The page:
By listening to your body, you can also help to reduce some of the pain and discomfort associated with prolonged periods of sitting at a desk. If you have been sitting for an extended period of time, get up and change your position – perhaps do some photocopying, get a drink of water, read this article while standing! I think you get my point. I don’t care what kind of chair you have or how much money you paid for it, if you don’t use your chair properly, and you spend too much time in a seated position without frequent breaks, your chance of associated back and neck pain increases.

Repetitive Tasks

Also, be aware of performing repetitive tasks around your workstation. The biggest one that I commonly see is with mouse usage. Injuries can occur because often the dominant arm is reaching or extending out to the side and forward to a higher surface to operate the mouse. Ensure that you do not “hover” over the mouse while reading text on your monitor, let your arm relax on your lap or on your arm rest between tasks. Moreover, do not rest your wrist on your desk while operating the mouse. This can also cause some pain and numbness in your hand/wrist/forearm secondary to the repetitive nature of the mouse task.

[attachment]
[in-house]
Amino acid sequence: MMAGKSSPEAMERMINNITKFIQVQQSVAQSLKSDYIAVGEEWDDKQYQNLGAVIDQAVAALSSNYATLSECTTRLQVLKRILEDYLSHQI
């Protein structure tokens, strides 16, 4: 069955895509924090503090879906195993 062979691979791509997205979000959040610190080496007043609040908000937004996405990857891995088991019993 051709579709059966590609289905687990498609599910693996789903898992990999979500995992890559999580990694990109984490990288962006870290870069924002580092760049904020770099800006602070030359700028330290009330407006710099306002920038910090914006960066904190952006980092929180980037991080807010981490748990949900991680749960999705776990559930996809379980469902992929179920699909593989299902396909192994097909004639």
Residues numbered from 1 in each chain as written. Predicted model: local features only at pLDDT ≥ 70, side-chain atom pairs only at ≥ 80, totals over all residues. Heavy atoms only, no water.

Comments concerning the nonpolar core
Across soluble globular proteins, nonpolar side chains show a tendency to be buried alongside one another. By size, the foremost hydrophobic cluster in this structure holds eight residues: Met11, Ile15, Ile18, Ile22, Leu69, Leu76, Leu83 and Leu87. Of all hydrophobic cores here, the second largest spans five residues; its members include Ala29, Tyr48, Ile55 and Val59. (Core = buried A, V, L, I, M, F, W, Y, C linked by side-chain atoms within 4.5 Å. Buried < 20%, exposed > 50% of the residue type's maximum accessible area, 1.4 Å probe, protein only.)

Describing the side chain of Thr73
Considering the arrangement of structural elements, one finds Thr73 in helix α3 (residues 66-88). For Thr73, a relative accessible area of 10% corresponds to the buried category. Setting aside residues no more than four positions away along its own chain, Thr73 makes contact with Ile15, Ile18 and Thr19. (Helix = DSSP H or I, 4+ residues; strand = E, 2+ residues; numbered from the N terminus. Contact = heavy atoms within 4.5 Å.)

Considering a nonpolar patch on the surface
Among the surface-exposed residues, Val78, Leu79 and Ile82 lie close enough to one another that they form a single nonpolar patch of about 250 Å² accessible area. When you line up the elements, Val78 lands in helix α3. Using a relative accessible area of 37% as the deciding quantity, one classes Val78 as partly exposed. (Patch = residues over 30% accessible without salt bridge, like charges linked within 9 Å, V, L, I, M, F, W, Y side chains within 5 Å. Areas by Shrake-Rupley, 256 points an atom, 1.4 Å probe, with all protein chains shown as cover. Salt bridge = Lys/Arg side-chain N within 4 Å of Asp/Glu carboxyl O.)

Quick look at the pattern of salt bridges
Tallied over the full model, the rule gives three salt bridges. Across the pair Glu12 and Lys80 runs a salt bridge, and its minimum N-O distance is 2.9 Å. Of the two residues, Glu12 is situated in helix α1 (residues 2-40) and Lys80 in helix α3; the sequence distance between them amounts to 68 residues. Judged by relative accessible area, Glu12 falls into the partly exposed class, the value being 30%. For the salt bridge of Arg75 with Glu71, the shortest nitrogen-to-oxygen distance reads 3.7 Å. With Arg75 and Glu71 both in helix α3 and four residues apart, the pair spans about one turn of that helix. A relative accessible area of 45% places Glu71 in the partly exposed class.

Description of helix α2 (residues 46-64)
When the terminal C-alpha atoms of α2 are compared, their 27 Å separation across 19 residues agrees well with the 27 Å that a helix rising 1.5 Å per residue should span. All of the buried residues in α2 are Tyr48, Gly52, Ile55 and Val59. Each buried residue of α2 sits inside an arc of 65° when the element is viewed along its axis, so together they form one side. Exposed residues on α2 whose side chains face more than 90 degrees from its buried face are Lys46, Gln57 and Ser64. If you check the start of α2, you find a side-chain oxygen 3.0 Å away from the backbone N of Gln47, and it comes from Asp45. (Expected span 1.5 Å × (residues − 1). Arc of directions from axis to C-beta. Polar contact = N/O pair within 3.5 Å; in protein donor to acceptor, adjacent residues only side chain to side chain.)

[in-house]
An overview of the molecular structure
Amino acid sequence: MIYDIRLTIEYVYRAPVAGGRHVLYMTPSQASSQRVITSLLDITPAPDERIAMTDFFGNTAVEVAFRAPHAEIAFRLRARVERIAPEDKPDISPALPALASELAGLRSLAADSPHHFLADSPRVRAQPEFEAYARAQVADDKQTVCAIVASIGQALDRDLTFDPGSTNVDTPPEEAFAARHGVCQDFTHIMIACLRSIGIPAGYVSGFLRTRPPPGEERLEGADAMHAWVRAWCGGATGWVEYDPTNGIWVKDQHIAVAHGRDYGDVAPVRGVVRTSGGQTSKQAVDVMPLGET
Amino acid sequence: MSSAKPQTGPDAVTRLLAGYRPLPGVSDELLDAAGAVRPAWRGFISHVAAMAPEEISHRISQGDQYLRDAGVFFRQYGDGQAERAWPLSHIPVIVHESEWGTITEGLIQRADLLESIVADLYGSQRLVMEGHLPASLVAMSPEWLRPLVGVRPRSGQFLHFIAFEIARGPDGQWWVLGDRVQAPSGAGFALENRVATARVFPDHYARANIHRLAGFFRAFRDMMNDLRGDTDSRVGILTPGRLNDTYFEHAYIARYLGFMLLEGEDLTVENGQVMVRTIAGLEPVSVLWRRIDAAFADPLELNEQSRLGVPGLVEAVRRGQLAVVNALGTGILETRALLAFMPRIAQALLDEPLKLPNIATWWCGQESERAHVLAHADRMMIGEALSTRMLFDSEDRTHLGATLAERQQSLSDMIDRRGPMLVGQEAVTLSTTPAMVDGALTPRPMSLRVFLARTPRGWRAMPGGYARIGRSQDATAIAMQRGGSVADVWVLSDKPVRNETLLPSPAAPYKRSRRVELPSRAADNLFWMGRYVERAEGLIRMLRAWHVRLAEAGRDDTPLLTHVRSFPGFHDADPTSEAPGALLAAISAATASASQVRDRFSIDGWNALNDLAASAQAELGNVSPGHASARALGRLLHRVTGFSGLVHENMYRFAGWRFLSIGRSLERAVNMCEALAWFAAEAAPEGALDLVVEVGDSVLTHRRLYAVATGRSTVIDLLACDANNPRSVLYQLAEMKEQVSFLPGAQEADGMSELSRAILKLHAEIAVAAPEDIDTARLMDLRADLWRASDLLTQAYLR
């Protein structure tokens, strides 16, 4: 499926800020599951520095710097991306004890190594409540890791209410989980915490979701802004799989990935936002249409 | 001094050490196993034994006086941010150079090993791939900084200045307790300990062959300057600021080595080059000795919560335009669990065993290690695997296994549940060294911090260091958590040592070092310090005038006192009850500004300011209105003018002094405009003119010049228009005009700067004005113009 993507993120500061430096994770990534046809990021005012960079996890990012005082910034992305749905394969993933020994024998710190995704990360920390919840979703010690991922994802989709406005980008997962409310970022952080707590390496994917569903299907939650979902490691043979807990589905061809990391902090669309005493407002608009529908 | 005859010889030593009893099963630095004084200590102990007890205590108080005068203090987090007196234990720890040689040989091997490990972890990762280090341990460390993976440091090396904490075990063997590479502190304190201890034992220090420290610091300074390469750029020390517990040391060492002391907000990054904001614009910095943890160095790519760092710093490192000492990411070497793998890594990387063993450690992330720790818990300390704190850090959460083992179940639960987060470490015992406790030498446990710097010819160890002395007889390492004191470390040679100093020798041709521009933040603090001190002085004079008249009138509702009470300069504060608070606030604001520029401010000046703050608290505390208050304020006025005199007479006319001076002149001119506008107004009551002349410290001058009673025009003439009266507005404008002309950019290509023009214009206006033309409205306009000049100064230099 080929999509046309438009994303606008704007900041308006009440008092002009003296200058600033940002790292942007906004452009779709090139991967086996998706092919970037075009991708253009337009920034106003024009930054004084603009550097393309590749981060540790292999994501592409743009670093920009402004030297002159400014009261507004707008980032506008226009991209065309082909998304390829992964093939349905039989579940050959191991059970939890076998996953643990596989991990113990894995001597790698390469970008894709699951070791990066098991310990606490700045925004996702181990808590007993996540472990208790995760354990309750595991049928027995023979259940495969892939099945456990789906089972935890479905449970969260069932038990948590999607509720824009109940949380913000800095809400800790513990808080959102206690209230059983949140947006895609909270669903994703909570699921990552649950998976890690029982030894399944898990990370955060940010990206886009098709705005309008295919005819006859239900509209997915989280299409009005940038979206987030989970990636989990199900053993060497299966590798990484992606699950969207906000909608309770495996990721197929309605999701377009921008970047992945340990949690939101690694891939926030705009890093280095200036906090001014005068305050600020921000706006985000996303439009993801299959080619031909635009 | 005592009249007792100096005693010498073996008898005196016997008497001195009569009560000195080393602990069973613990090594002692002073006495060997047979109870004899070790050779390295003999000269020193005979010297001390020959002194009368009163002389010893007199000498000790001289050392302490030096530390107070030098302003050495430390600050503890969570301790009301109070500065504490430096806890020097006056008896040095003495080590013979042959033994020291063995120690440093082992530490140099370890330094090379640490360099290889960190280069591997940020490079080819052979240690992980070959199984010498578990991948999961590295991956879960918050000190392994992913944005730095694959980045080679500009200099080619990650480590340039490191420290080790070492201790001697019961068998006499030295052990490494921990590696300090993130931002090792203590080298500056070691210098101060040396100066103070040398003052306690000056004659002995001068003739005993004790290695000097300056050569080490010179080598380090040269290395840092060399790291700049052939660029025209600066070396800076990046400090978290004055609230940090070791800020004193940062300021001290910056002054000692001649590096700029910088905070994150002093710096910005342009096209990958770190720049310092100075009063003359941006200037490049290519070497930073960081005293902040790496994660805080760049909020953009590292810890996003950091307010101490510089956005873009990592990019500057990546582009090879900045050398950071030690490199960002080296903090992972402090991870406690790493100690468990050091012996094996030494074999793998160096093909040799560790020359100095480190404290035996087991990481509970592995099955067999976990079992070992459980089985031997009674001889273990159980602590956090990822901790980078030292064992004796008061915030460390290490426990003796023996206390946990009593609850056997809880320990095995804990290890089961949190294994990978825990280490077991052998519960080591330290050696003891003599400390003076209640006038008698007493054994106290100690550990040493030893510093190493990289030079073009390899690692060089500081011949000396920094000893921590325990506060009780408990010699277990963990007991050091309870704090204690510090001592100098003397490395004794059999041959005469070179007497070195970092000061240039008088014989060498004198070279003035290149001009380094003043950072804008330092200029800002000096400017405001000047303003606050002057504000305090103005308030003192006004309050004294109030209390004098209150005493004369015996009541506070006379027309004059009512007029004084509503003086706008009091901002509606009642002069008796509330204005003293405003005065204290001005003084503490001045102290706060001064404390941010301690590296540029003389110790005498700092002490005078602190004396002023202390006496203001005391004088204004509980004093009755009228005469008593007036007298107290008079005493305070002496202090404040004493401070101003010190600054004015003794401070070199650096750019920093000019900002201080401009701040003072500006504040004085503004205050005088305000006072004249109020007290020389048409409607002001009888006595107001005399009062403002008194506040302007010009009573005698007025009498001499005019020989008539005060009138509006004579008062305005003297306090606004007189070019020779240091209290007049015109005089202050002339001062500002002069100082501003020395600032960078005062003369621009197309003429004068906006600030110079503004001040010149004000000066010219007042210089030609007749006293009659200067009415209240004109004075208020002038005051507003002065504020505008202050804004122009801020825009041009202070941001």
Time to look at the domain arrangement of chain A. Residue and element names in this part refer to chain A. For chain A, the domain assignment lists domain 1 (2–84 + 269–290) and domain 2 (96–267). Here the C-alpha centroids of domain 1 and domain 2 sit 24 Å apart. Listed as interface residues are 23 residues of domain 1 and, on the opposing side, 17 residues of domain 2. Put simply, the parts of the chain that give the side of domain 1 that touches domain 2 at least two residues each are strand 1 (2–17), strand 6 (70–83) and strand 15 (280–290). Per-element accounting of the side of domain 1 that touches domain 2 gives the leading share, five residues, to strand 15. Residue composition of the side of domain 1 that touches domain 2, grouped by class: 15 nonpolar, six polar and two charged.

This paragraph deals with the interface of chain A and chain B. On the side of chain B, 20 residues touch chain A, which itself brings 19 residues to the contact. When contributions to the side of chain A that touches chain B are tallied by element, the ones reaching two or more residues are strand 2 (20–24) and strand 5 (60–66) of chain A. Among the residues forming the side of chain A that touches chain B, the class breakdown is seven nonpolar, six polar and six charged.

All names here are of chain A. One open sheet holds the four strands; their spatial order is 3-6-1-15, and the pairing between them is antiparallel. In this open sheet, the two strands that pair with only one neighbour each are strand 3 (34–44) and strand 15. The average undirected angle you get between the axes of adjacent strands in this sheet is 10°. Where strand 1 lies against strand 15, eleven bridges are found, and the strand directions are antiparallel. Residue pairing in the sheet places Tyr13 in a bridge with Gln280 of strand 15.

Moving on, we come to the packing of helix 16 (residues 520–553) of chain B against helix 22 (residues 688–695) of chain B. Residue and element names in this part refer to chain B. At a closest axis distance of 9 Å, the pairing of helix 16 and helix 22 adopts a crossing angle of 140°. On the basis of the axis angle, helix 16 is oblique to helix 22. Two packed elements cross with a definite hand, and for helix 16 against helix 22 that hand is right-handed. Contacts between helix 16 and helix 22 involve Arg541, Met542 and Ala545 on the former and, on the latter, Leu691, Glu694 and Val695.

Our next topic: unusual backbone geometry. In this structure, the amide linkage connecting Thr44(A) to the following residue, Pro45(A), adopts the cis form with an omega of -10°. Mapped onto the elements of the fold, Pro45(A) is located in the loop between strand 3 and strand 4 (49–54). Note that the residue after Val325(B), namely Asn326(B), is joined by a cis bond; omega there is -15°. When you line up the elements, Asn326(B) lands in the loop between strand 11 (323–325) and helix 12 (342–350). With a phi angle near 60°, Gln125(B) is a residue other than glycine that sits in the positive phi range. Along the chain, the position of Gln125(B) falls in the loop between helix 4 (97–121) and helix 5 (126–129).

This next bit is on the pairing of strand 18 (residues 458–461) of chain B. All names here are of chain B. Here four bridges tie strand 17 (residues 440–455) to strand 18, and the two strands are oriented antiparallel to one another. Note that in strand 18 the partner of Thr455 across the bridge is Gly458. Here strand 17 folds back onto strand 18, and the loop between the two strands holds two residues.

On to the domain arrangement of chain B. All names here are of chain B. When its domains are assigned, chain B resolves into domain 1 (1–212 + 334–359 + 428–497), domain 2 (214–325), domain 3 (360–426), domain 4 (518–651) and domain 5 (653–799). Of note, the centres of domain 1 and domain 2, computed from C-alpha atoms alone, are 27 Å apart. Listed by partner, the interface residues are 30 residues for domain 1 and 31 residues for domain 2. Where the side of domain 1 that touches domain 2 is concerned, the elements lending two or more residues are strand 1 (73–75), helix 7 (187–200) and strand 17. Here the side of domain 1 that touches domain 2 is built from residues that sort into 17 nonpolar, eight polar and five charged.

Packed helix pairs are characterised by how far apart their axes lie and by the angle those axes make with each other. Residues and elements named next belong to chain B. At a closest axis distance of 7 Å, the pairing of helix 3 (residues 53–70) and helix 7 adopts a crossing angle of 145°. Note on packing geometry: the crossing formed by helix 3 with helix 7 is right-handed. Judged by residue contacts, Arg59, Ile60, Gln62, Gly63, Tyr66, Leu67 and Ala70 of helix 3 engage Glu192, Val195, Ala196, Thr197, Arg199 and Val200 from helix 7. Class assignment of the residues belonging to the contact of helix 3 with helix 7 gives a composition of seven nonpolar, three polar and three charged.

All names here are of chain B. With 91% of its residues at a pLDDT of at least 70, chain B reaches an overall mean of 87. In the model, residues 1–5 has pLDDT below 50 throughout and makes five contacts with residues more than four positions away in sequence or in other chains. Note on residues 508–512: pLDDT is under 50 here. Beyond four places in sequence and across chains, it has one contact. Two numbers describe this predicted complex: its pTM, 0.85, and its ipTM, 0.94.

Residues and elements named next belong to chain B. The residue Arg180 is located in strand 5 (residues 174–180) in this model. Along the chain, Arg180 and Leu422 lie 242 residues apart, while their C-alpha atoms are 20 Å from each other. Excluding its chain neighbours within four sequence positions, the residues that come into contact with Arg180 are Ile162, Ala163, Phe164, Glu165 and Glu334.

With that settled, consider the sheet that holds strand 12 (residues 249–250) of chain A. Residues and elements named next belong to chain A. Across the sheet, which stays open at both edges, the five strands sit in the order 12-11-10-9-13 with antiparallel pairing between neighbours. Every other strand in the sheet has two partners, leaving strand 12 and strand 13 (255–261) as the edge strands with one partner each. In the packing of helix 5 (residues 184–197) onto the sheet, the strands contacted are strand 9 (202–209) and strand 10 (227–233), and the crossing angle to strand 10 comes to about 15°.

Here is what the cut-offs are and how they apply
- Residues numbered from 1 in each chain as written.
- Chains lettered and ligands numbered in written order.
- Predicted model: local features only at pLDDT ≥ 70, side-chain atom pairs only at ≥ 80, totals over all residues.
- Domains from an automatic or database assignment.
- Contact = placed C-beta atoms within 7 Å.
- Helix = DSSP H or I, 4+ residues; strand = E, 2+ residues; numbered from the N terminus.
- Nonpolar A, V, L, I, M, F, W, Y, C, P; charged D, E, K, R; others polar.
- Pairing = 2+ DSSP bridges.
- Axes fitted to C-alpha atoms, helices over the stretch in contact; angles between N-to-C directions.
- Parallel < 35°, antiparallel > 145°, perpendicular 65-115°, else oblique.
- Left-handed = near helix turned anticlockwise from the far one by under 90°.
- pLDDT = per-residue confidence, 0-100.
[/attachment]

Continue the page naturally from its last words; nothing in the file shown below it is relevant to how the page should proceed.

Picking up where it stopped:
Although it would be nice for us all to have that wide-screen monitor, most of us do not. Computer screens are usually between 12 and 17 inches – not quite the size you want to watch the game on! Problems associated with the computer monitor are issues that I commonly deal with in ergonomic assessment. It is important that you be aware of the eye strain that can be associated with prolonged reading from your monitor. Remember that your eyes need rest too! Looking at a fixed monitor all day can contribute to eye strain and headaches. Generally, the closer the monitor is to you, the more eye strain occurs. The easiest solution to reduce this problem is to occasionally look away from your monitor to far away spots, which helps relax and ‘stretches’ your eyes. Also, if glare is a problem ensure that the monitor screen is positioned at right angles to windows and lights. This will help prevent eye fatigue and dryness as well.

Even if you don’t have the Utopia of workspaces, there is still a lot that can be done to make your environment ‘ergonomically effective.’ Educating yourself with the equipment around you, as well as your work habits, can help to reduce those nagging aches and pains associated with repetitive activities. Proper use of your current office equipment is paramount in combating re-occurring pain symptoms, regardless of the equipment you have. Frequently changing your body positioning, taking ministretch breaks to reduce the amount of static sitting, and reducing repetitive tasks will help to lower your possibility of injury.

Steve Ogden is a kinesiologist and customer services representative with GENEX Services of Canada, Inc.